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Participant name: gregory aldrete

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Award Number Grant ProgramAward RecipientProject TitleAward PeriodApproved Award Total
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FB-50032-04Research Programs: Fellowships for College Teachers and Independent ScholarsGregory S. AldreteFloods in Ancient Rome6/1/2004 - 5/31/2005$40,000.00GregoryS.Aldrete   University of Wisconsin, Green BayGreen BayWI54311-7003USA2003Classical HistoryFellowships for College Teachers and Independent ScholarsResearch Programs400000400000

This project is a study of the frequent and destructive floods that plagued ancient Rome during the Roman Republic and Empire. It will analyze the obvious physical consequences produced by these events on the urban landscape, the effects that these natural disasters had on the course of Roman political and social history, and the psychological and sociological aspects of how such occurrences were perceived and interpreted by the Romans. Ancient Rome depended on water for the functioning of its economy and for its very survival, but at the same time the Tiber River could be a violent and unpredictable destructive force. This project is an interdisciplinary investigation combining history, archaeology, hydrology, geology, and urban and environmental studies, in order to examine how the largest pre-modern city dealt with the threat of natural disaster. The book that I plan to write will explore the nature of this conflict, and the complex interrelationship between humans and water that was played out amongst the urban topography of ancient Rome.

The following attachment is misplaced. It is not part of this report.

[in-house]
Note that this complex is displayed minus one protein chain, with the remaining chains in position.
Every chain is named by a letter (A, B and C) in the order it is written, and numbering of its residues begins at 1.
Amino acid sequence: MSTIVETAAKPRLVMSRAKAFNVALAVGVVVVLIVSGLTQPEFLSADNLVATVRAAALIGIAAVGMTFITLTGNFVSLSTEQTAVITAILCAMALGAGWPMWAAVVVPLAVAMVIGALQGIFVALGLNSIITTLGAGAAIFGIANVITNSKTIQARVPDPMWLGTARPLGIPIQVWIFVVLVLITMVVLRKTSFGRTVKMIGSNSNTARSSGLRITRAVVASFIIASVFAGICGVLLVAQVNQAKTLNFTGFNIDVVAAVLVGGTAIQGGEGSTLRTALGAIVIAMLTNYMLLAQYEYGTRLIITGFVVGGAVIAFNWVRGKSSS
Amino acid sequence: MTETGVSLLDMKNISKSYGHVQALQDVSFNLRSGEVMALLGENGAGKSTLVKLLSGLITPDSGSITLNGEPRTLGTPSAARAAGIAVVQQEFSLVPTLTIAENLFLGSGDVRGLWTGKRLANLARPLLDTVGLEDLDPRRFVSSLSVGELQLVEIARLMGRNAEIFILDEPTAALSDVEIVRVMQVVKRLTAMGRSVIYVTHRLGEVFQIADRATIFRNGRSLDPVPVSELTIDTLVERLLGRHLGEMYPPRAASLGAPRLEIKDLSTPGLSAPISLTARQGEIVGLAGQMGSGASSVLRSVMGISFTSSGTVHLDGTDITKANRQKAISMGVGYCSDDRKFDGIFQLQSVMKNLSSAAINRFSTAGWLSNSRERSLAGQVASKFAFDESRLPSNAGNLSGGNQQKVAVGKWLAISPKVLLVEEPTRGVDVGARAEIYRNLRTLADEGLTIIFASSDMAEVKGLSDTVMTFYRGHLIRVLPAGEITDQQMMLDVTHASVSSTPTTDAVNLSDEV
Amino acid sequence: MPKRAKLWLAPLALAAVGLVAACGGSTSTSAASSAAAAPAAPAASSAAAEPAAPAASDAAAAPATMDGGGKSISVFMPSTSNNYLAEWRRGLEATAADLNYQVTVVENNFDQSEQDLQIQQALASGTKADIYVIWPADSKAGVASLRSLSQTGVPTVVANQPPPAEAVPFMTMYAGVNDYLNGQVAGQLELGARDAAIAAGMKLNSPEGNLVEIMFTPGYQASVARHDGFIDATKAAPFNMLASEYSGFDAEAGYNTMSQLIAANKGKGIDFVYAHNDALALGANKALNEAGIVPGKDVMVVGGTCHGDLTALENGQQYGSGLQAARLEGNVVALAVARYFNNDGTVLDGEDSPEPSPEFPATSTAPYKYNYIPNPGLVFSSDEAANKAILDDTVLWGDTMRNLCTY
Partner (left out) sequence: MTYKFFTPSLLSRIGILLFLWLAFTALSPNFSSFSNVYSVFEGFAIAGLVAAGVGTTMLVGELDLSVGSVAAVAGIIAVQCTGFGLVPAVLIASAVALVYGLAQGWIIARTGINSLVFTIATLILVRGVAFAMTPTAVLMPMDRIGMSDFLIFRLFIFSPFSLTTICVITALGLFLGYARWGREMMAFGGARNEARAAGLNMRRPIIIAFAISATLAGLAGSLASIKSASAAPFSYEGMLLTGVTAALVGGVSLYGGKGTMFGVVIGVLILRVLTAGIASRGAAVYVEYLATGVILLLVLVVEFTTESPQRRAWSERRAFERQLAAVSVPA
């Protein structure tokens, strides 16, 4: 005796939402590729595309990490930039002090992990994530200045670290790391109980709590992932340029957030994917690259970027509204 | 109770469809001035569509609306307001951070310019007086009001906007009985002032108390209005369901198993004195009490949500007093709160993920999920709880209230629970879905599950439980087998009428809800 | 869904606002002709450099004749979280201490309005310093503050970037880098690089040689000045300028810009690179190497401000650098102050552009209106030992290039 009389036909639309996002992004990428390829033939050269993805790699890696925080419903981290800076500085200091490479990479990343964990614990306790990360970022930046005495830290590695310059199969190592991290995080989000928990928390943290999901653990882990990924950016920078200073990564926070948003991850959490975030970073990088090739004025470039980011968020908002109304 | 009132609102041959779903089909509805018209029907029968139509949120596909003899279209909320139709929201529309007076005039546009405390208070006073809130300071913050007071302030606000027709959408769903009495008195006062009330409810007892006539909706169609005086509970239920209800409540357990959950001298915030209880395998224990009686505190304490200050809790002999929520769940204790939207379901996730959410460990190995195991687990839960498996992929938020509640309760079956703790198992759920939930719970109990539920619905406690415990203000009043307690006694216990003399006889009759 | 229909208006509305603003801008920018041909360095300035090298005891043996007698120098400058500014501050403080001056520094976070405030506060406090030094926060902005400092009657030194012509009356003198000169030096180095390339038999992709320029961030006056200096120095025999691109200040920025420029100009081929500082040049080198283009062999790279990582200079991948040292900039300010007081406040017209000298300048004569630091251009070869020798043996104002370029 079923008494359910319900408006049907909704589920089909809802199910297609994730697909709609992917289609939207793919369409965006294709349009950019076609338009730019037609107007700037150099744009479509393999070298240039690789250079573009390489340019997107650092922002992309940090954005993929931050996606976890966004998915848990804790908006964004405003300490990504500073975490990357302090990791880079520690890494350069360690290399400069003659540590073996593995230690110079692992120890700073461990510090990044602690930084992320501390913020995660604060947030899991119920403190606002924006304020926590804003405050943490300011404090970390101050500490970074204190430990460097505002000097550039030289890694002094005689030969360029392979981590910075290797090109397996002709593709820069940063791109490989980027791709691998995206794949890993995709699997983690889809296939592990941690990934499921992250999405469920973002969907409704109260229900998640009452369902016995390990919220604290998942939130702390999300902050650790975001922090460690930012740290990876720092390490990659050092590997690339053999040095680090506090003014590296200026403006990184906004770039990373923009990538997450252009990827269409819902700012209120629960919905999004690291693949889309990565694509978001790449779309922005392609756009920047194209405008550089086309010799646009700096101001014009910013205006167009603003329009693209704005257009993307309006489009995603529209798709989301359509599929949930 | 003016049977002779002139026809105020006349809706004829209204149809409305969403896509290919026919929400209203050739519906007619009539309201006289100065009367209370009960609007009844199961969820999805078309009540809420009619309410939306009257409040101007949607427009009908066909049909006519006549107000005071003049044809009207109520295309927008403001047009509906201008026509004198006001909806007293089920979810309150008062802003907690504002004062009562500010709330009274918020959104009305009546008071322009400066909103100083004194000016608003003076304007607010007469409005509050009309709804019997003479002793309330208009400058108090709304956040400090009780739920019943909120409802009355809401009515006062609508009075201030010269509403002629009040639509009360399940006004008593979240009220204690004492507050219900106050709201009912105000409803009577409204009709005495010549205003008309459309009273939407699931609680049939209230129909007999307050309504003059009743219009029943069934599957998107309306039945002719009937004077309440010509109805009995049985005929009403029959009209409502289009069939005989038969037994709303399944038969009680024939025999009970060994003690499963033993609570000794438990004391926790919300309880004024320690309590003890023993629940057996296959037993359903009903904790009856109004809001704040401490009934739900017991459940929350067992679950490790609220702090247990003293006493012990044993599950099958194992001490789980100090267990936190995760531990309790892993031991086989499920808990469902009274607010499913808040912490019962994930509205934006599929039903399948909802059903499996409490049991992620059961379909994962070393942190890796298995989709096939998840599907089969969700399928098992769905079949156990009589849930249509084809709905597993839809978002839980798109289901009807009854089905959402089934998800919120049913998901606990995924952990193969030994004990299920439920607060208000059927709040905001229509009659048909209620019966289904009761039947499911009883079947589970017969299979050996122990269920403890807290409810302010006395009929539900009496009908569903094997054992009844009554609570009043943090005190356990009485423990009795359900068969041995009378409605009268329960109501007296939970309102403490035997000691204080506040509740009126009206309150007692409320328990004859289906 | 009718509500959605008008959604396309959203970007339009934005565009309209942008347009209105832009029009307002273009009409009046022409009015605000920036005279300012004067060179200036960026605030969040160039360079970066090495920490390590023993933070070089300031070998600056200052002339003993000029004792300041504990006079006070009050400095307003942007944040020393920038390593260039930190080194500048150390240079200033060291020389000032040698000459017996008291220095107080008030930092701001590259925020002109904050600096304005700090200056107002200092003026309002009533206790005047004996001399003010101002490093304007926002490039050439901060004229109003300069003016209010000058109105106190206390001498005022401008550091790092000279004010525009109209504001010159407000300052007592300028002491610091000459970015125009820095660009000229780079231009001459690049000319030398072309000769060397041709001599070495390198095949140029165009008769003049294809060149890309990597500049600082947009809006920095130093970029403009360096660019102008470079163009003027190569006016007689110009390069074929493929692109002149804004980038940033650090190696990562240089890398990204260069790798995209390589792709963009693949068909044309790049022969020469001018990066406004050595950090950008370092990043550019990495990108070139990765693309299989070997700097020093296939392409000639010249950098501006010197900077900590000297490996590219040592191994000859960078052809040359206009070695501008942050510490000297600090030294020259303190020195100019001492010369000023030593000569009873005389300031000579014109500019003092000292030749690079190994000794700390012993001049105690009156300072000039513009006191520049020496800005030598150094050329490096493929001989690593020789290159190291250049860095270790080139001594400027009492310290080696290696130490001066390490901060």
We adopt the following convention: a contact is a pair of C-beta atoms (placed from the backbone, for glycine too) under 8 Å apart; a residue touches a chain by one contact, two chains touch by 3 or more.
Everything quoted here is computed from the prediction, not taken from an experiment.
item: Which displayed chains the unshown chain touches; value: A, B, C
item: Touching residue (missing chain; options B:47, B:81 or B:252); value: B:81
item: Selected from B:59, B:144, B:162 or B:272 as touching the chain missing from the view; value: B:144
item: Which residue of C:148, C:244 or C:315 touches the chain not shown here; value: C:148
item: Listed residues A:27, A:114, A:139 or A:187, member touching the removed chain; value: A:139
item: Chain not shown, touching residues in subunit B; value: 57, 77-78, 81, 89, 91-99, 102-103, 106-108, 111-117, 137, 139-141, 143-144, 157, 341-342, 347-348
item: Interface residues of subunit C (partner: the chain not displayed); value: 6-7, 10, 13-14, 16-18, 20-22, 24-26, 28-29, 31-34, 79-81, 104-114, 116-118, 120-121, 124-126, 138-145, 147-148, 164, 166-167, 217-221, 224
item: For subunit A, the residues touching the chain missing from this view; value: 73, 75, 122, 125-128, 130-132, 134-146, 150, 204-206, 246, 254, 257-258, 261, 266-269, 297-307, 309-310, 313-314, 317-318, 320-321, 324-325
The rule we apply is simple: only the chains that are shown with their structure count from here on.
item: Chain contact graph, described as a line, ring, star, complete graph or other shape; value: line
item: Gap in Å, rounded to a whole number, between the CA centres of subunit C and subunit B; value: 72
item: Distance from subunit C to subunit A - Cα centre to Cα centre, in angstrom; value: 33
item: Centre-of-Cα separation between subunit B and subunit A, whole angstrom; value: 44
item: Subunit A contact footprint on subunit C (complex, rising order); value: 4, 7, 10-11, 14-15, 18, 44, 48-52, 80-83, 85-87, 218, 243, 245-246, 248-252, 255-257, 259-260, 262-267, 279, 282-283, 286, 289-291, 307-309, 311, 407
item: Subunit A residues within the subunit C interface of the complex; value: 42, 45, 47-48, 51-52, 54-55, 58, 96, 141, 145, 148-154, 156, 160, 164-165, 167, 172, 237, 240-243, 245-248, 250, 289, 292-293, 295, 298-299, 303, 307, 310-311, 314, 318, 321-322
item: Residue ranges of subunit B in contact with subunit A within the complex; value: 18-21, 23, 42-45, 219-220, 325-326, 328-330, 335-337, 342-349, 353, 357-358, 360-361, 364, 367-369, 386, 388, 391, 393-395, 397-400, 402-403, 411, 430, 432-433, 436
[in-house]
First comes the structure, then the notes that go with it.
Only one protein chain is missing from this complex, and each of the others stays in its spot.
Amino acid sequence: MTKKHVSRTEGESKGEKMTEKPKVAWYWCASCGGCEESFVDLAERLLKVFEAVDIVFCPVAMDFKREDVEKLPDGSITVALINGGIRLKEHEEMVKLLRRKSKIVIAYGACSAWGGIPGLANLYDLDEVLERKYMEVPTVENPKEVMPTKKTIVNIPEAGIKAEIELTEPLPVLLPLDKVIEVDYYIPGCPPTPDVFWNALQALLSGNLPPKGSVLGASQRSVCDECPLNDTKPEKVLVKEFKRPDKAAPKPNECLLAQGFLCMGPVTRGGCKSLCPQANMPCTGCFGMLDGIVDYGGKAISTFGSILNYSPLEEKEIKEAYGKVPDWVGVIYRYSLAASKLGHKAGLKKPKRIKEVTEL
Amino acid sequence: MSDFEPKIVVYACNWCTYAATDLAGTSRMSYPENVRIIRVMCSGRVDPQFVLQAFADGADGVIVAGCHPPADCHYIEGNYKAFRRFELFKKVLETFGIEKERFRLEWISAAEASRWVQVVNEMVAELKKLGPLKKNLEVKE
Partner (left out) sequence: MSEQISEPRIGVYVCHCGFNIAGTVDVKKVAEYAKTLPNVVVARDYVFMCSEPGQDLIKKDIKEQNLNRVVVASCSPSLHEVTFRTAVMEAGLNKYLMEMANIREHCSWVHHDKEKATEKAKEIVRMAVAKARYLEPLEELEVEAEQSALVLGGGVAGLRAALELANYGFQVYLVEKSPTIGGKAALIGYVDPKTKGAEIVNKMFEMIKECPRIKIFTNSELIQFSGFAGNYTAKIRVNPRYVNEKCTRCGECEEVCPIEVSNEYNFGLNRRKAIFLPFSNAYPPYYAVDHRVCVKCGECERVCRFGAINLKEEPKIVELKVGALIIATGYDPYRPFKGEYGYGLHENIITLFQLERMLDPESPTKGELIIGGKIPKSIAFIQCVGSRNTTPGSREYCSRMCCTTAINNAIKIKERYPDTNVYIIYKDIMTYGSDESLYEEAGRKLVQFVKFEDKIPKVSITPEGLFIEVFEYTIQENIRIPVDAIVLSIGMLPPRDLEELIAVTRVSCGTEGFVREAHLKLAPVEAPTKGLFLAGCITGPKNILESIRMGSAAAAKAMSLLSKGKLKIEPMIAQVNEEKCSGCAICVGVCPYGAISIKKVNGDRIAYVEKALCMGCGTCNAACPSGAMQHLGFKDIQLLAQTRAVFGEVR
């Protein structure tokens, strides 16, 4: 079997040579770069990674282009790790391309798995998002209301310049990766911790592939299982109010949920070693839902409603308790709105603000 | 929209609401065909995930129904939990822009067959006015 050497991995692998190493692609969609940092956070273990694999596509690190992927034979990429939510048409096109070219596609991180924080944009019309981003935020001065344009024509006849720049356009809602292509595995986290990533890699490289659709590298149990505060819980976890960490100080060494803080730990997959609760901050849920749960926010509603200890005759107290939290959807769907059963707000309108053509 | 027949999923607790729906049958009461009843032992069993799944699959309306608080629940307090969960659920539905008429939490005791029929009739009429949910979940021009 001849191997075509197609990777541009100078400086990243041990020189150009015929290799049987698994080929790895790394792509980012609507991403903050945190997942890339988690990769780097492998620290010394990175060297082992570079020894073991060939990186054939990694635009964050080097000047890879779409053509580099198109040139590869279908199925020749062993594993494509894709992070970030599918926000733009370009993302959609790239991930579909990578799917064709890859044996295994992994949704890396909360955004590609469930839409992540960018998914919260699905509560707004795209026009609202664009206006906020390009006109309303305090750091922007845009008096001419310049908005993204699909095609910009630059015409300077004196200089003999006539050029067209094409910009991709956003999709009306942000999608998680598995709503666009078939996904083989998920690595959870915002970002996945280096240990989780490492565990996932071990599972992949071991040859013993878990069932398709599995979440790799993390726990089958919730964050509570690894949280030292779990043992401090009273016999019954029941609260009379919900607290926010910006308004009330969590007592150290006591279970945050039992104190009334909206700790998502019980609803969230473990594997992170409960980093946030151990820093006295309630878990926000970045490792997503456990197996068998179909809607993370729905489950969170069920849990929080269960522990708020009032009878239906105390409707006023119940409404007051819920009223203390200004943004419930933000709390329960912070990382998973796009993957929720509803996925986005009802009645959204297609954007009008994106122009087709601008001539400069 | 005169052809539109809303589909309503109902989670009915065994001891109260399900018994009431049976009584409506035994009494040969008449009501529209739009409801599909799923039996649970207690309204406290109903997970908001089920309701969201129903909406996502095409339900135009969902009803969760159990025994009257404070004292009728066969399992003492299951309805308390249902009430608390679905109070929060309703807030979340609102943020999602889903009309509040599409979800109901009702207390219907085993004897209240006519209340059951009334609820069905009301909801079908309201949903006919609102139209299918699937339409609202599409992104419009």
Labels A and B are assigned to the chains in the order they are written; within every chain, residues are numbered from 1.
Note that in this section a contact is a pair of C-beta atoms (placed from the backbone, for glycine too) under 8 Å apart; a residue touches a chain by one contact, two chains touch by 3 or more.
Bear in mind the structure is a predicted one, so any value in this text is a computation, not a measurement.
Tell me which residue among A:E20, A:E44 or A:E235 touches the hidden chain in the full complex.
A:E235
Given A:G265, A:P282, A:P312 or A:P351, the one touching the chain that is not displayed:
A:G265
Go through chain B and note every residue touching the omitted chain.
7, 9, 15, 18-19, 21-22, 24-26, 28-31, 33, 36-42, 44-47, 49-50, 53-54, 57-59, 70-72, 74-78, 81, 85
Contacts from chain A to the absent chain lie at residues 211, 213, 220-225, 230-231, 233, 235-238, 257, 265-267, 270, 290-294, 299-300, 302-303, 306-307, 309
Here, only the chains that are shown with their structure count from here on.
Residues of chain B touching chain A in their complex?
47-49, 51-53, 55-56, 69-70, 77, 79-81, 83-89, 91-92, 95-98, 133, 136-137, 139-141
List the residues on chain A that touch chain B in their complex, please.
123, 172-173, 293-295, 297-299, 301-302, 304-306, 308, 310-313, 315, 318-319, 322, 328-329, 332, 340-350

FB-55318-11Research Programs: Fellowships for College Teachers and Independent ScholarsGregory S. AldreteRiots in Ancient Rome6/1/2012 - 5/31/2013$50,400.00GregoryS.Aldrete   University of Wisconsin, Green BayGreen BayWI54311-7003USA2010Ancient HistoryFellowships for College Teachers and Independent ScholarsResearch Programs504000504000

This project is a comprehensive study of the frequent riots that broke out in ancient Rome during the Roman Republic and Empire. The resulting book will be the first to compile a database of all incidents of violent urban collective behavior at Rome, and will analyze their frequency, causes, characteristics, and effects. Particular attention will be paid to investigating issues of leadership, organization, and participation. In contrast to a traditional top-down scholarly perspective in which riots at Rome are often viewed as threats to public order that must be suppressed, this study will focus on their role as a means of communication for the urban populace and as manifestations of popular opinion. While the resultant scholarly book will be a specific case study, given that urban riots permeate all periods of history and continue to plague cities today, this project should have both broad appeal and relevance.